Ups and Downs in the Garden

I have realised that it is quite some time since I posted anything – not because I haven’t done anything worth mentioning but because I have been too busy doing things to have time to write about them! This easing of restrictions is lovely but now I have to fit more things into my days!

In particular I haven’t posted about the garden for ages. Mainly because it started disastrously! Laura and I sowed tender things on the heated bench in mid March and waited… and waited… until eventually I realised that the bench wasn’t working. The power light is on so it must be either the thermostat or the soil warming cable. When Mr and Mrs Snail visited Mr Snail offered to come with his meter and work out which. But it is too late for those early seeds so we we tried again – this time putting them on the house windowsills. Some are coming up but not as many or as quickly as I had hoped.

In the greenhouse we diligently fertilised the apricot and peach trees with a little brush every day. Loads of fruit set. Then we had a sharp frost which I hadn’t expected and all the little apricots shrivelled and fell off – every one! The peach seemed to fare better but still has dropped quite a few. I am hoping the remaining ones will swell.

rather out of focus – my phone doesn’t like close-ups!

That frost was the first of several the most recent being Sunday night. So seeds we sowed outside are still hunkered down – at least I hope they are and that they will germinate when the weather improves. The days, of course, have been glorious which has meant a lot of watering!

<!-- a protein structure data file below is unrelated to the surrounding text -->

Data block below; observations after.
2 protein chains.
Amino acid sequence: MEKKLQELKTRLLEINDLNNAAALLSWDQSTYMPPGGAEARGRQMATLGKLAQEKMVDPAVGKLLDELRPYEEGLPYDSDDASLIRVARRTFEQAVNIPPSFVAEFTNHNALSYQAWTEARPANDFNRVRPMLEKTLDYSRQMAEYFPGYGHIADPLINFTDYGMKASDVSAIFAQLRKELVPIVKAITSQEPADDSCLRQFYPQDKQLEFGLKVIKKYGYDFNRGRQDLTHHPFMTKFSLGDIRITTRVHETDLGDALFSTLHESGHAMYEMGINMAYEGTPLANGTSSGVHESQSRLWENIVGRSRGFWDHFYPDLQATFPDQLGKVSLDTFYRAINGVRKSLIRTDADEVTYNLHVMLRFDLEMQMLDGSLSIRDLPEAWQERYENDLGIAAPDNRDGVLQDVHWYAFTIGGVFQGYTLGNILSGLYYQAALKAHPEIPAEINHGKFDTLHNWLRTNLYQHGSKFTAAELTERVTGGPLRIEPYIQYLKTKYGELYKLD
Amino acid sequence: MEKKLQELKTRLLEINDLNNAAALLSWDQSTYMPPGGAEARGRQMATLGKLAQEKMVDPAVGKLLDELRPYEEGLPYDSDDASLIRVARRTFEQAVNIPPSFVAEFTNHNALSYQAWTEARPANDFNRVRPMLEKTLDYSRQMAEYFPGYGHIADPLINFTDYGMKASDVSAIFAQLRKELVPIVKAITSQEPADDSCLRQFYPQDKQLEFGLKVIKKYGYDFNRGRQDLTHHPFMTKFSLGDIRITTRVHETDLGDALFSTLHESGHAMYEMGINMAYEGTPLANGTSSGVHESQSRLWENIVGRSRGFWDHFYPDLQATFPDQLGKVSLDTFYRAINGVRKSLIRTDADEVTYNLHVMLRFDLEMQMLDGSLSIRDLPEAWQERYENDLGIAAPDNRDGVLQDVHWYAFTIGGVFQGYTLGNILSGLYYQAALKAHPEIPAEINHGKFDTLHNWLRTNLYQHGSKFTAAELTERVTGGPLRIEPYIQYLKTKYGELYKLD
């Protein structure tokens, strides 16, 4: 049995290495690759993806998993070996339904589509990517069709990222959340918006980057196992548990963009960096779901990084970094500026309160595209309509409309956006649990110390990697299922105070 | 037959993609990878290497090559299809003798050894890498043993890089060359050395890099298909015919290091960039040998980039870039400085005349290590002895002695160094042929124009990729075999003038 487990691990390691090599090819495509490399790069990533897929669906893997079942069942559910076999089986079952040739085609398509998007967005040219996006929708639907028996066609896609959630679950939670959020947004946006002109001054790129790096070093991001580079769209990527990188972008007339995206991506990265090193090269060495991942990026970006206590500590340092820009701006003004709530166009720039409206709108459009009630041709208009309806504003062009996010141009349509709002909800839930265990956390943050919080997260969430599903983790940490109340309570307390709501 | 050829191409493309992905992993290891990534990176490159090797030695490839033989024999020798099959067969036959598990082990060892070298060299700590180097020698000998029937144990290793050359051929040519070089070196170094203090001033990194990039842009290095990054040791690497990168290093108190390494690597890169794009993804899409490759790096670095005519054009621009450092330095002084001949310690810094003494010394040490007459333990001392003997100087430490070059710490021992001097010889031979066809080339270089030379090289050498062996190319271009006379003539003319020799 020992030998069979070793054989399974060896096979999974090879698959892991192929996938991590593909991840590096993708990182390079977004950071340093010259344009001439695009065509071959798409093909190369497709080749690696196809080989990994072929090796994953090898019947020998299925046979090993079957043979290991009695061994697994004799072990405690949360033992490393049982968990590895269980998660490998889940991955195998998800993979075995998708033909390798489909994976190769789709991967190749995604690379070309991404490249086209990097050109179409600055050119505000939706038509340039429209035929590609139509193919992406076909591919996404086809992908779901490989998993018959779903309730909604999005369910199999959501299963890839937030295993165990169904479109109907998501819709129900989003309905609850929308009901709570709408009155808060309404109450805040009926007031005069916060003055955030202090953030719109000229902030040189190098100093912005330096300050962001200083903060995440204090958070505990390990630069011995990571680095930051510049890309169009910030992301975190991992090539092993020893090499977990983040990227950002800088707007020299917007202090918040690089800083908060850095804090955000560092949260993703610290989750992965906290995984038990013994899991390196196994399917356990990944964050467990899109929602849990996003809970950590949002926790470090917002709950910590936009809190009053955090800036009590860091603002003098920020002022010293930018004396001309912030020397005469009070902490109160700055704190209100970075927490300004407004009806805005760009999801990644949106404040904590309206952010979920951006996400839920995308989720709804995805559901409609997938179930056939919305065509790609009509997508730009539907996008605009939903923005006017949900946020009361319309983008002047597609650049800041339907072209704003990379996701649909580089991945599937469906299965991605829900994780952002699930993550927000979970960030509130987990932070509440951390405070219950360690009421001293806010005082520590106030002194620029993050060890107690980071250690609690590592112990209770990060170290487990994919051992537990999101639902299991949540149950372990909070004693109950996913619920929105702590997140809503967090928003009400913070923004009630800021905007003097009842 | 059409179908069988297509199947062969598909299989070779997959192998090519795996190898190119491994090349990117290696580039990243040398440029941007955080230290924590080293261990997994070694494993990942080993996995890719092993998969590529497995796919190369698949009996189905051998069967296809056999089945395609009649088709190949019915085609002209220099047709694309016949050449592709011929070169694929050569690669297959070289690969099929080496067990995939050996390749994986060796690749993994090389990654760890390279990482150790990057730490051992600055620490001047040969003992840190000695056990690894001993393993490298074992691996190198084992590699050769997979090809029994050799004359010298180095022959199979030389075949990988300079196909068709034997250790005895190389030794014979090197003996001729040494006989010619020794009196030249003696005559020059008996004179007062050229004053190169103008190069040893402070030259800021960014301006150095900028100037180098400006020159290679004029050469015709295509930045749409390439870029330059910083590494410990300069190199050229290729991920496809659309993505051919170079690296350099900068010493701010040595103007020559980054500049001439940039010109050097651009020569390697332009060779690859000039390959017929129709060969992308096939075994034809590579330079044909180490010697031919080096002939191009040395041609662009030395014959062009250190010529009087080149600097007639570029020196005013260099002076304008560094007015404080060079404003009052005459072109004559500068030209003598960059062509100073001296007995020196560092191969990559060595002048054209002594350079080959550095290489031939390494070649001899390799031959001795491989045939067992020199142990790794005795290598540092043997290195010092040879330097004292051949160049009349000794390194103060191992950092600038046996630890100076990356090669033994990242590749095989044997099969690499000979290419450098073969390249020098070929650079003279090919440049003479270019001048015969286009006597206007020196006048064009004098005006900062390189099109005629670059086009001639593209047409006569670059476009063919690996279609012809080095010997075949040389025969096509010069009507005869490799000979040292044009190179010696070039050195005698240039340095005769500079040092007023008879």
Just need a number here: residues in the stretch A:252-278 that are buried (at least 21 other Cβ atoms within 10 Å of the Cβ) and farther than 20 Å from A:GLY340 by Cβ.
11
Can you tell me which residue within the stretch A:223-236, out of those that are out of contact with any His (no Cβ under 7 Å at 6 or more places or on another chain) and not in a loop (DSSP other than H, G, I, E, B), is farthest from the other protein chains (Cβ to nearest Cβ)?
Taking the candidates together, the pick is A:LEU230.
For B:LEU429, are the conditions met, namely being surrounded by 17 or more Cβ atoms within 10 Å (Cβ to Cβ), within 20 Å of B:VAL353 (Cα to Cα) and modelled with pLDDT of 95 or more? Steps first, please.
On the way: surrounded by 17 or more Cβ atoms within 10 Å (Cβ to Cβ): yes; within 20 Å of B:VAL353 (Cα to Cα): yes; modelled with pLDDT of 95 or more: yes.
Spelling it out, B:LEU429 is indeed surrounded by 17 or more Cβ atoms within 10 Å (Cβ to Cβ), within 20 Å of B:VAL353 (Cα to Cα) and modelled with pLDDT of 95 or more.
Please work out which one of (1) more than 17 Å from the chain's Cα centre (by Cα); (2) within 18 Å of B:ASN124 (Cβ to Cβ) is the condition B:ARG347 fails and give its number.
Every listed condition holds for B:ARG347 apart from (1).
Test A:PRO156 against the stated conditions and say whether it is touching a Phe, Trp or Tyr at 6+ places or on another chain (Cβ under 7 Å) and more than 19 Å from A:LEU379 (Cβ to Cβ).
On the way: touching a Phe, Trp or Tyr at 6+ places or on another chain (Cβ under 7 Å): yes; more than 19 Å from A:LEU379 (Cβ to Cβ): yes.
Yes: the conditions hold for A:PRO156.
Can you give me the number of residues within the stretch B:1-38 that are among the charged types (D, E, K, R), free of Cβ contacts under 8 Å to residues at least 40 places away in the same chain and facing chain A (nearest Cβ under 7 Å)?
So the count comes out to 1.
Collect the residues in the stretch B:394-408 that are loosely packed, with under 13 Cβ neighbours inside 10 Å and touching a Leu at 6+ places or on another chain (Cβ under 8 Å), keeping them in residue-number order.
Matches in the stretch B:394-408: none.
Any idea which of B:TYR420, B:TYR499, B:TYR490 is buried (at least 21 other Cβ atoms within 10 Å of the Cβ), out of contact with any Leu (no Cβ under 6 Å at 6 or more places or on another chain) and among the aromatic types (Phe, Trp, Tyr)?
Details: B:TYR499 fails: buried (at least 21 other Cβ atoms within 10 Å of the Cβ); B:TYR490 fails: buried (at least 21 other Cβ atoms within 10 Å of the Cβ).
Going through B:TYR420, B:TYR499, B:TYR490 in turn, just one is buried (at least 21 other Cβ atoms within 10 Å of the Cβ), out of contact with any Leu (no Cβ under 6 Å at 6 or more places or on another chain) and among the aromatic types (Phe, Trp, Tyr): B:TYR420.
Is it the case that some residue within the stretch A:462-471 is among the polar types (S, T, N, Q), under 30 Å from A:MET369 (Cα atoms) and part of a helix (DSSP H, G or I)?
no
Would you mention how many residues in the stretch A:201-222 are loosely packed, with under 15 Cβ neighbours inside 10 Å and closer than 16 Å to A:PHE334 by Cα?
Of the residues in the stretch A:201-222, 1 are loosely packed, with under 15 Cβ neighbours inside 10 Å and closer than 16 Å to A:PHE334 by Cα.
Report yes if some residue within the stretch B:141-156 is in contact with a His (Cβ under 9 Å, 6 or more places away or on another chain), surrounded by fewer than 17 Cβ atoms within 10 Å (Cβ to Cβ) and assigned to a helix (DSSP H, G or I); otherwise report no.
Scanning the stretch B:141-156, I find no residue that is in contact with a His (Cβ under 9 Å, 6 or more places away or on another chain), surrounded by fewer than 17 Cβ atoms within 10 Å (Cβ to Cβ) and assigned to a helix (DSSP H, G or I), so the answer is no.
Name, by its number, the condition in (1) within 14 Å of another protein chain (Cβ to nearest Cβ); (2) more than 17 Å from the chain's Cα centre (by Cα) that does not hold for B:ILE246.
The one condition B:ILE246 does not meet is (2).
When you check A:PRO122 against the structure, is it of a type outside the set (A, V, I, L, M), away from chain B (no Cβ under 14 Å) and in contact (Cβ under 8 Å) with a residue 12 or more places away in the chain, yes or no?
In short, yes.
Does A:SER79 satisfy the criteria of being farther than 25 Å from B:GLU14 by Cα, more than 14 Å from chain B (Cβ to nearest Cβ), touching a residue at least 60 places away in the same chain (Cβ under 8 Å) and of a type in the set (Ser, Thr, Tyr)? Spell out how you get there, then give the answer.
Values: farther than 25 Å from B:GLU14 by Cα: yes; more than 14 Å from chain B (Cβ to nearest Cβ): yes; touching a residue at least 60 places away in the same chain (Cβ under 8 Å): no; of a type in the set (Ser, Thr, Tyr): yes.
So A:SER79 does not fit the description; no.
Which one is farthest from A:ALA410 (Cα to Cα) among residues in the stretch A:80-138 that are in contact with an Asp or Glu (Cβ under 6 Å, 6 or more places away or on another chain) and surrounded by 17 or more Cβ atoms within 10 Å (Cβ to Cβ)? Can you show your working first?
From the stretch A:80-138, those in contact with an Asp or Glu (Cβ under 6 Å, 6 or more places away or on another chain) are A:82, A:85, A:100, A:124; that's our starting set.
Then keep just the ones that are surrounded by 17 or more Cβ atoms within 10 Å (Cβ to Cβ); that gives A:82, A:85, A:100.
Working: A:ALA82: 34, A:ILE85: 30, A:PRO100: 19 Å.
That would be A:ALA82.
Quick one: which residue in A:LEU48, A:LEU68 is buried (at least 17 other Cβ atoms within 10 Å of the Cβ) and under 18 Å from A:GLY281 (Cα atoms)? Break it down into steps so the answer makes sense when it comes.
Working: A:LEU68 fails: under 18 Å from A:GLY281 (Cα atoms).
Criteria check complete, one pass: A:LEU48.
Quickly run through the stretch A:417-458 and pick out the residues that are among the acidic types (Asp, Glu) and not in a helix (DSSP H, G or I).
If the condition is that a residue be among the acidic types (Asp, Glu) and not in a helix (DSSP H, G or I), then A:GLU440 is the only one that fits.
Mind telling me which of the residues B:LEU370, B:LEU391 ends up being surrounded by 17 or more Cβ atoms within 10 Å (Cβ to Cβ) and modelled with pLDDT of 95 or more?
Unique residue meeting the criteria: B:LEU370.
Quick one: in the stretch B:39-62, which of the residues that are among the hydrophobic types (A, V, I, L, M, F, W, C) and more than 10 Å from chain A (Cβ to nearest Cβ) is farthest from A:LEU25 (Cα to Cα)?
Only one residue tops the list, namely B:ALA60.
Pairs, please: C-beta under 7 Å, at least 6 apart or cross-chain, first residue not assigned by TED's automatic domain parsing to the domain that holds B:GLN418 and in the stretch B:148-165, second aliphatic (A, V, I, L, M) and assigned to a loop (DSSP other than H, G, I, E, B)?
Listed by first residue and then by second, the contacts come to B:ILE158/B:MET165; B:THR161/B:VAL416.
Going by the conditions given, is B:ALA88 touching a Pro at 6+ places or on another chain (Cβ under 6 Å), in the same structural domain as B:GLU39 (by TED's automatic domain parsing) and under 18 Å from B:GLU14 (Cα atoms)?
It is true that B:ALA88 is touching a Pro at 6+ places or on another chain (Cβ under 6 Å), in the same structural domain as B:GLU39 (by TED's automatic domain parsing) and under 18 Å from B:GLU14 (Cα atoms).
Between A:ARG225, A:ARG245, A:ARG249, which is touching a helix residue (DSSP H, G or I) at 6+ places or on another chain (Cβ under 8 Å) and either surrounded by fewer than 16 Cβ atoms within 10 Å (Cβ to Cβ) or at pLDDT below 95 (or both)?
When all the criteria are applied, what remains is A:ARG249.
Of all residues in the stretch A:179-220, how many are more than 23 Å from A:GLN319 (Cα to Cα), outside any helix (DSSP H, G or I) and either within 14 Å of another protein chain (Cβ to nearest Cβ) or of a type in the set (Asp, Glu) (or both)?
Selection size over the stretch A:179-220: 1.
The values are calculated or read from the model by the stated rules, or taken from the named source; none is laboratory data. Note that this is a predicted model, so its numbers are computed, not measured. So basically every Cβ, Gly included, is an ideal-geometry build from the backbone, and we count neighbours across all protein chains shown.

I was beginning to feel pretty despondent but Jono gave me some parsley seedlings, I spotted some sweet pepper and chilli seedlings in the supermarket, Rachel gave me a couple of cucumber plants and I found tomato plants in the zero waste shop in Cardigan. Michelle was offered some surplus onions sets and there were more than they needed so I had a kilo. Now some of the perennials and some of the greenhouse plants are braving the temperature extremes and coming up so maybe it will come right in the end.

Jono’s parsley not exactly thriving but not dying either!

I have had one rhubarb crumble already. The buckler leaf sorrel is popping up in several places. Jerusalem artichokes are pretty indestructible!

The garlic went in last autumn and isn’t growing at present but is hanging on. Early potatoes in the greenhouse are doing OK. The crab apple trees between the house and the workshop were overgrown with weeds and brambles but we did a lot of work on that area over winter and they are flowering – Hurray!

Somewhat erratic germination of carrots in the greenhouse – I’m sure I sprinkled the seed more evenly than that! I managed to root some watercress from a supermarket pack and now it is growing outside in a sheltered spot. The beetroot were sown in the lower greenhouse last year and did nothing but have now come up!